Was the Romanovs’ murder ritualistic? 3 mysteries of the royal family's deaths

Family of the tsar Nicholas II

Family of the tsar Nicholas II

Vladimir Boiko/Global Look Press
The Russian Church has declared that the last Russian tsar and his family might have fallen prey to a 'ritualistic killing' insisting on further investigation into the matter. Besides the nature of the murder, there are at least two other enigmas wrapped up in the tragedy of 1918 in Ekaterinburg. Russia Beyond looks into them.

1. 'The codified message'

“We are very serious about this version of a ritualistic killing. Many members of the Church commission [for the Romanovs’ murder investigation] have no doubts that the killing had a ritualistic character,” Bishop Tikhon, an influential Russian Orthodox Church official, said at the conference devoted to the royal family’s demise.

This statement made quite a stir since some interpreted it as a hint of anti-Semitic nature about those tragic events, which is why Bishop Tikhon offered some clarifications. As he pointed out, “even after his abdication, the emperor remained a symbolic and sacred figure.” “Bolsheviks and their different supporters were not at all alien to completely unexpected and varied types of symbolism”, he said.

The basement of the Ipatiev house where the Romanov family was killed

He vehemently denied any anti-Semitic interpretations of his words. But the phrase “ritual killing” was bound to stoke comments despite the bishop’s objections. It is due to the fact that the version of the ritualistic murder was proposed soon after the killing and at the time it had a clear anti-Semitic flavor.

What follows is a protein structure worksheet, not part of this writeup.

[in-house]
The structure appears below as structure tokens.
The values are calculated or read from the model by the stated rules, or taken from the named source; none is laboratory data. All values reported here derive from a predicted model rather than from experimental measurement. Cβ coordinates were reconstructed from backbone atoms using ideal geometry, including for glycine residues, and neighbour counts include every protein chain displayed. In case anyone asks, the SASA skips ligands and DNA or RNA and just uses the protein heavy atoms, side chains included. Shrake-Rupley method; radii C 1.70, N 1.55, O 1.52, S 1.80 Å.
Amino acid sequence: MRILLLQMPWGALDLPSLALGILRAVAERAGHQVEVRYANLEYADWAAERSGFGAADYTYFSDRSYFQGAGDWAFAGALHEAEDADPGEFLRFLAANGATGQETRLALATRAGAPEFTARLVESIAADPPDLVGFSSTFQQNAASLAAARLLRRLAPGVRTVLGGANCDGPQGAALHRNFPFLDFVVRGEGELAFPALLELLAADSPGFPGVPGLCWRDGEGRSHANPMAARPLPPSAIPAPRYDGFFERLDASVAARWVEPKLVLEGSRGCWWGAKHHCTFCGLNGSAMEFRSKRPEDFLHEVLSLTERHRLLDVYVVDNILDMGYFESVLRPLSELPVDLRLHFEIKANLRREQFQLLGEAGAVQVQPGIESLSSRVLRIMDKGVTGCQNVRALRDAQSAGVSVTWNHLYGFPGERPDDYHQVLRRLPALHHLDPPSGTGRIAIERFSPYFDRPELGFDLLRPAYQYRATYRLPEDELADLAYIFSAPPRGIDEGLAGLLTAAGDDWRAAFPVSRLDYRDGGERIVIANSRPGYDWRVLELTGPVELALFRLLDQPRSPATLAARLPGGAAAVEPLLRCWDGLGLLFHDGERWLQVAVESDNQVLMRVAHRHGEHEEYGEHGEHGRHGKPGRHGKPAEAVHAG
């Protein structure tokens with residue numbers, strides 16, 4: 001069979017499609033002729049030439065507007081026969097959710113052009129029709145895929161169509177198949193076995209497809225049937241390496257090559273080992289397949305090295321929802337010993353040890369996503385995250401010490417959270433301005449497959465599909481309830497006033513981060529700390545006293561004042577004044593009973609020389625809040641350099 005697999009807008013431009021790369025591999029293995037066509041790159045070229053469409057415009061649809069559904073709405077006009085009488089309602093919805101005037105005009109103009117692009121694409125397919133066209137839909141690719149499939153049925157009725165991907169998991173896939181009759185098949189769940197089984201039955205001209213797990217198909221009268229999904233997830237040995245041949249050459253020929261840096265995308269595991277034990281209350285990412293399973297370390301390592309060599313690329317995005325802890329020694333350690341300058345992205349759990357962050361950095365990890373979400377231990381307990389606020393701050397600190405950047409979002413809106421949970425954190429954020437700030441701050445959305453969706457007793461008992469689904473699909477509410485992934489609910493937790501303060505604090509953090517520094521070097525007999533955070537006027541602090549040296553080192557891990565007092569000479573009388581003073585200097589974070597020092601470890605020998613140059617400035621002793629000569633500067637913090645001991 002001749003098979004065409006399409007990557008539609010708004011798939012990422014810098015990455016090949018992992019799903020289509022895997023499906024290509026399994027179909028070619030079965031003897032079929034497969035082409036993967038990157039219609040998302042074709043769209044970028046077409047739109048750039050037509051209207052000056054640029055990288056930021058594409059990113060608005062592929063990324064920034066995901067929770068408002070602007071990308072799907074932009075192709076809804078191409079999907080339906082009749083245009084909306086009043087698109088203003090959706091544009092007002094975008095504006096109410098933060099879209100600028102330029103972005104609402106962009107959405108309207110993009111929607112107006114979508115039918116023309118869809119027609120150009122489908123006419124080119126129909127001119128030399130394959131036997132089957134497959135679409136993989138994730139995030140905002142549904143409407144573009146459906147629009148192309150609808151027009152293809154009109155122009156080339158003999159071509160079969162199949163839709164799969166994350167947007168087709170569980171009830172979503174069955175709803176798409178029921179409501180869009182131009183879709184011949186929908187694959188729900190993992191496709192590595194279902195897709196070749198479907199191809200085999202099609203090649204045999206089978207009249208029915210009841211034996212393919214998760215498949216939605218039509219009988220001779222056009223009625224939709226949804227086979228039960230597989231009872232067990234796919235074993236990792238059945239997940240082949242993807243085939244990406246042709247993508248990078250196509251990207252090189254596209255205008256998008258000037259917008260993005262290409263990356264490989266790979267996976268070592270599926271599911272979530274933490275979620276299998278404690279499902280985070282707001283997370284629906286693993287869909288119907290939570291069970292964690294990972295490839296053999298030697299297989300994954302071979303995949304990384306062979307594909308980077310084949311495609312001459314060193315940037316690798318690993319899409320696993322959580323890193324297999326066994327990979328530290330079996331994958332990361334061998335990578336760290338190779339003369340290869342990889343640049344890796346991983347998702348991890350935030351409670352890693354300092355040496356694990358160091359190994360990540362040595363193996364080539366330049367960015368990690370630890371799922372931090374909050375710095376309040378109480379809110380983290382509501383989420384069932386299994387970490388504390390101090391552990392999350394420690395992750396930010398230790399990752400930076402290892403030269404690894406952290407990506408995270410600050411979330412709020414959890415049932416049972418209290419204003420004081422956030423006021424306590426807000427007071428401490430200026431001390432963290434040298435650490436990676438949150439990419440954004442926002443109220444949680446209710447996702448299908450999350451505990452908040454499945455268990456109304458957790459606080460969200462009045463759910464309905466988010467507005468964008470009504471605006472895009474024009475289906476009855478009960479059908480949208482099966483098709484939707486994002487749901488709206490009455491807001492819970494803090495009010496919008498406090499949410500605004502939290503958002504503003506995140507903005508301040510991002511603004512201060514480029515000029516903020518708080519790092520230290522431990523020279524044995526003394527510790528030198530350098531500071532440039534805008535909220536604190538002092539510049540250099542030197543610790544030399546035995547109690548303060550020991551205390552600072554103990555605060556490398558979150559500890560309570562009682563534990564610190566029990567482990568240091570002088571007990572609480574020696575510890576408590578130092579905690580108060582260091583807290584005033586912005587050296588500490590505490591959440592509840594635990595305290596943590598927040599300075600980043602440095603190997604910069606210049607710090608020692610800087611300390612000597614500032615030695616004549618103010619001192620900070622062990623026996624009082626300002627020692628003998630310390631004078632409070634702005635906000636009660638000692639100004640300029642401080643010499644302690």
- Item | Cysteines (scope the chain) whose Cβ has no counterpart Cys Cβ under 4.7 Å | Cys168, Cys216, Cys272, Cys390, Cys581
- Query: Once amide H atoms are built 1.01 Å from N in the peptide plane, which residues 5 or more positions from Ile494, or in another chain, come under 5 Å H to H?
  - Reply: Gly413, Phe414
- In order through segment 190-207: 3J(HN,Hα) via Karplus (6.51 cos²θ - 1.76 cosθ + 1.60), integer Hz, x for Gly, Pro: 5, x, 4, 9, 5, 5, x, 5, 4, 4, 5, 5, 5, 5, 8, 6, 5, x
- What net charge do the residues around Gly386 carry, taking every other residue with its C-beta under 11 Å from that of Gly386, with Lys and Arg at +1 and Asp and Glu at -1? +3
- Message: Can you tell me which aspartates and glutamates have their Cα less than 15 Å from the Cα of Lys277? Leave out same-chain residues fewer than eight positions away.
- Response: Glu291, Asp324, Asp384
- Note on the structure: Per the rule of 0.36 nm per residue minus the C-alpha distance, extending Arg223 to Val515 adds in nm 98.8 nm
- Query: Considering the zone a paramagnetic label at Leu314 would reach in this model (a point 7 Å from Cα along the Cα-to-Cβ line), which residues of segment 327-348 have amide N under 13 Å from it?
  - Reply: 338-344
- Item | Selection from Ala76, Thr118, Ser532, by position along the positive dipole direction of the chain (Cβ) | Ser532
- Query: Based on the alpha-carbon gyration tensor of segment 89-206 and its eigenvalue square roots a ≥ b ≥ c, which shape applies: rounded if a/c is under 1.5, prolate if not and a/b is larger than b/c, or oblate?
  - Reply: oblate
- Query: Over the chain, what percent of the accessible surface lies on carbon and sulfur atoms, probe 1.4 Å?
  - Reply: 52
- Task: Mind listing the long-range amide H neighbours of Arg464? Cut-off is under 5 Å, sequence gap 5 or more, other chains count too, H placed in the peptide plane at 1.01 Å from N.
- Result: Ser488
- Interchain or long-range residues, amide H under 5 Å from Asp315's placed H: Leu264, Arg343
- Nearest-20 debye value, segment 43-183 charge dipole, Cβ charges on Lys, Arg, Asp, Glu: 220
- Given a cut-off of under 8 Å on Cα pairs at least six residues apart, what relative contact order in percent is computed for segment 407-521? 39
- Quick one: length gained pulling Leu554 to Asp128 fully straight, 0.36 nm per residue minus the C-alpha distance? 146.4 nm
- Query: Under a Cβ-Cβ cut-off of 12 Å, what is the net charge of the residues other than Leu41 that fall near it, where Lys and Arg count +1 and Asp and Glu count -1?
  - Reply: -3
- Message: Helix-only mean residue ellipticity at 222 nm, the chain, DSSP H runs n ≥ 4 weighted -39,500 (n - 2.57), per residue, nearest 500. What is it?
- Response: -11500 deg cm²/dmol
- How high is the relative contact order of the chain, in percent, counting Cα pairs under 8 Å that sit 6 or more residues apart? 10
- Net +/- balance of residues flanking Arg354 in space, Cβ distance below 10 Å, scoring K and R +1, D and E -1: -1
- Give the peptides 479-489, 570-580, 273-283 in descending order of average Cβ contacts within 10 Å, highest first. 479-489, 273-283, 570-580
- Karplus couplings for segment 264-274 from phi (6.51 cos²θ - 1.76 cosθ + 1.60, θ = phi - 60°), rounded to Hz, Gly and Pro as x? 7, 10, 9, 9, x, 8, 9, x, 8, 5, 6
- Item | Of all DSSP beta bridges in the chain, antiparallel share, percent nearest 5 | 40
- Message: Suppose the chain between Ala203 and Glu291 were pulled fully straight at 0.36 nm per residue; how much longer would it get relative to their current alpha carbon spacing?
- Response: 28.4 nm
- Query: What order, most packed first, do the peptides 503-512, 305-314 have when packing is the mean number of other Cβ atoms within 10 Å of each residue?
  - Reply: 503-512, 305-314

It originated among those who in 1919 were given the task to investigate the royal murder. Investigators were drawn from the ranks of political opponents of Bolsheviks, the Whites.  British journalist Robert Wilton, who was close to the investigation, wrote in his book, published a few years later, about “cabalistic inscriptions” [i.e those pertaining to occultist esoteric rituals originated in Judaism] found in the basement of the house in Ekaterinburg where the Romanovs were killed. Those inscriptions were: “1918 года” [the year of 1918], “148467878 р” and “87888”. As it turned out, they were really documented in the course of the investigation.

The investigators, however, did not pay attention to them. That was not the case with the Russian emigre Mikhail Skaryatin. In the mid-1920s he declared that he had managed to decipher those symbols. He claimed they contained a hidden message: “Here, by the order of secret forces, the Tsar was sacrificed for the destruction of Russia. All nations are informed about this.” The “secret forces” in this case stood for the Jews who allegedly aspired to chaos and consequent world domination. This “discovery” was later popularized by those circles in Russian emigration, who were sympathetic towards the Nazis.

2. Speculation about beheading